Now, if you’re really keen, know a designer or have some moolah to throw at it, you can have a site custom designed to match your theme. One of the coolest wedding websites I’ve seen is this one: www.rossplusjess.com. Absolutely flawless design, LOVE! You can check out this blog post to see their matching printed Save The Dates – so cute! Or what about www.jennyandgrayden.com? OMG. Ridiculously delicious wedding website design. Crazy good.
If you’ve hired a custom designer for your invitations, ask them if they do wedding websites as well – there are many designers out there who will create matching wedding websites for you, or sell you a digital package of related graphics for use on your own wedding website. Here’s a great example from the always fabulous Rifle Paper Co. of their wedding websites.
Looking for something a little less slick? Lucky for you, there are TONS of personal wedding website sources out there – some are free, some offer paid subscription for upgraded features etc. The usual suspects are Wedding Channel and The Knot, each of which is affiliated with multiple websites offering slightly different options: eWedding.com, Wedding Window, Wedding Tracker, NearlyWeds etc. Some of these sites offer upgraded options like music and video upload, online RSVP trackers, personal domain names, custom designs etc.
If you’re looking for something a bit “cooler”, try sites like Wedding JoJo (modern themes and great features, with free and paid options), WedSite (unique multimedia sites, paid subscription only) or MODWedding (cool features, highly customizable and free!).
Or, another great free option is using a blog site (like WordPress or Blogger) to create your own personalized wedding website, without the cookie-cutter wedsite look. The Budget Savvy Bride has a great article on DIY wedding websites that gives you the low-down on how to create a fab wedsite all on your own.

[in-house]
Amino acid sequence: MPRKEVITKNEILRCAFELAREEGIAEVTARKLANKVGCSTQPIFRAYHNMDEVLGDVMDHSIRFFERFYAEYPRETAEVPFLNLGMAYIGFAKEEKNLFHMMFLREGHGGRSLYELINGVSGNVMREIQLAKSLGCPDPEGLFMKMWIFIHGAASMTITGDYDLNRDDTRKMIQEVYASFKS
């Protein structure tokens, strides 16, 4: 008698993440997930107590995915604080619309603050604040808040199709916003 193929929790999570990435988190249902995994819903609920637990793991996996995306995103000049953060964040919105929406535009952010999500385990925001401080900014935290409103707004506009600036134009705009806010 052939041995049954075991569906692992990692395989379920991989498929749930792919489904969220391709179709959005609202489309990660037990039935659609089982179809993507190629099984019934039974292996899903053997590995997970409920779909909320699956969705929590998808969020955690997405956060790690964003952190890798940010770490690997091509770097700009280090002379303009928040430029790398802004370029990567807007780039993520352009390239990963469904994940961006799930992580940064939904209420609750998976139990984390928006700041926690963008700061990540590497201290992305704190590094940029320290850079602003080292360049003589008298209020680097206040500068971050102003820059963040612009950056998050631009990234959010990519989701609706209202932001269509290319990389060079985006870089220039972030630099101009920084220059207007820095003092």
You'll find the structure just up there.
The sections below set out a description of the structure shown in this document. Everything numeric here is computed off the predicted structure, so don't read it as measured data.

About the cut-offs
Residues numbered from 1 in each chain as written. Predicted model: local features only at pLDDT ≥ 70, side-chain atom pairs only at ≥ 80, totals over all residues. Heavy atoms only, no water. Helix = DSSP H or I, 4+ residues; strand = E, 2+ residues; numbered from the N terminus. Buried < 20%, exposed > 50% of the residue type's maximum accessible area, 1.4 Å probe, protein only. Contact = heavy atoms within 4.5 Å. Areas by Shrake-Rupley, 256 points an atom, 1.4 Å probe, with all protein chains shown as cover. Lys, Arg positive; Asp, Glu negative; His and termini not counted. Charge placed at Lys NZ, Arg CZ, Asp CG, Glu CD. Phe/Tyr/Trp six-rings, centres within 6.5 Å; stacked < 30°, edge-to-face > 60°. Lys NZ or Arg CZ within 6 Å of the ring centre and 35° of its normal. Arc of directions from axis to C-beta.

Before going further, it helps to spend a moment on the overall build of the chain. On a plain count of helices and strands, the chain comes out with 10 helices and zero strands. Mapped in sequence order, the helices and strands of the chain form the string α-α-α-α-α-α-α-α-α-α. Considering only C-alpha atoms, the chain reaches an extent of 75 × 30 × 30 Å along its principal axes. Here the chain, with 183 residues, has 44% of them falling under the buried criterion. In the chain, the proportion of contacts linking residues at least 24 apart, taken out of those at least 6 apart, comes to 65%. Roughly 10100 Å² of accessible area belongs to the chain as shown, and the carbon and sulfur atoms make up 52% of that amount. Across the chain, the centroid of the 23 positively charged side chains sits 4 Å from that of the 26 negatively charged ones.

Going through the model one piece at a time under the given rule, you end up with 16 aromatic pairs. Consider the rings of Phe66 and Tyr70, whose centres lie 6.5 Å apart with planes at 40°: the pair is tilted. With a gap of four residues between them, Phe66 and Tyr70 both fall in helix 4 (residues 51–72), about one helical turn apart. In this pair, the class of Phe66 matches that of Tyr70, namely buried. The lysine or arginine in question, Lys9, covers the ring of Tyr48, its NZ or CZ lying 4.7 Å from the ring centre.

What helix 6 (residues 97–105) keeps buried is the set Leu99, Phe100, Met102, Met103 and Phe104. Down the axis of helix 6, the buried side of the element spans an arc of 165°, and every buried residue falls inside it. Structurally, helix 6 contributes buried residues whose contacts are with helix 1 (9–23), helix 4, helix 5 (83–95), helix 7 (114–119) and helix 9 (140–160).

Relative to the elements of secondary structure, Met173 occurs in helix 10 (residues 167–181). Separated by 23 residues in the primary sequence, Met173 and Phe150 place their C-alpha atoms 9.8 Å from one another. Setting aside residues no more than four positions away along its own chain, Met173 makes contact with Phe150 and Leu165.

So yes, I’ve been fairly outspoken about the evils of digital invitations, but wedding websites are a great way to enhance your invitation suite with online interactive content that won’t leave your guests feeling cold.
July 15, 2011 § 1 Comment
You’ll have to excuse me in advance, because this isn’t particularly sassy, there is no advice, no explanations; but, it *is* something I think is important to put out there, in light of all the talk about electronic invites, facebook invites etc.
I was motivated to write this post after an experience I had earlier this week that opened my eyes to what the true value of art is, and reminded me of the value of the work I pour my heart and soul into everyday.
First, the background:
I have been a fan of the rock band U2 for over 25 years, but never had the chance to see them live. Over the years it’s been all sorts of things – my parents saying I was too young, not having enough money, exams, work commitments, shows that sold out in minutes, illness, pregnancy – you name it, and it has prevented me from seeing one of my favourite bands perform in person.
All of that changed on Monday night.
My husband had persuaded me to just “suck it up” and buy tickets, at any cost, for the show, which had been sold out for years (it was actually a rescheduled show from 2010, when lead singer Bono was injured and had to cancel the original date). Monday afternoon I was able to buy a pair of ticket (and not have to sell my first-born to do so), and my best friend and I were off to *finally* see U2.
We were lucky enough to be able to experience the show from field level at the Rogers Centre (home to the Toronto Blue Jays), quite close to the massive stage, and it was an amazing feeling to be surrounded by a sea of U2 fans, knowing that my 25-year wait would finally be over.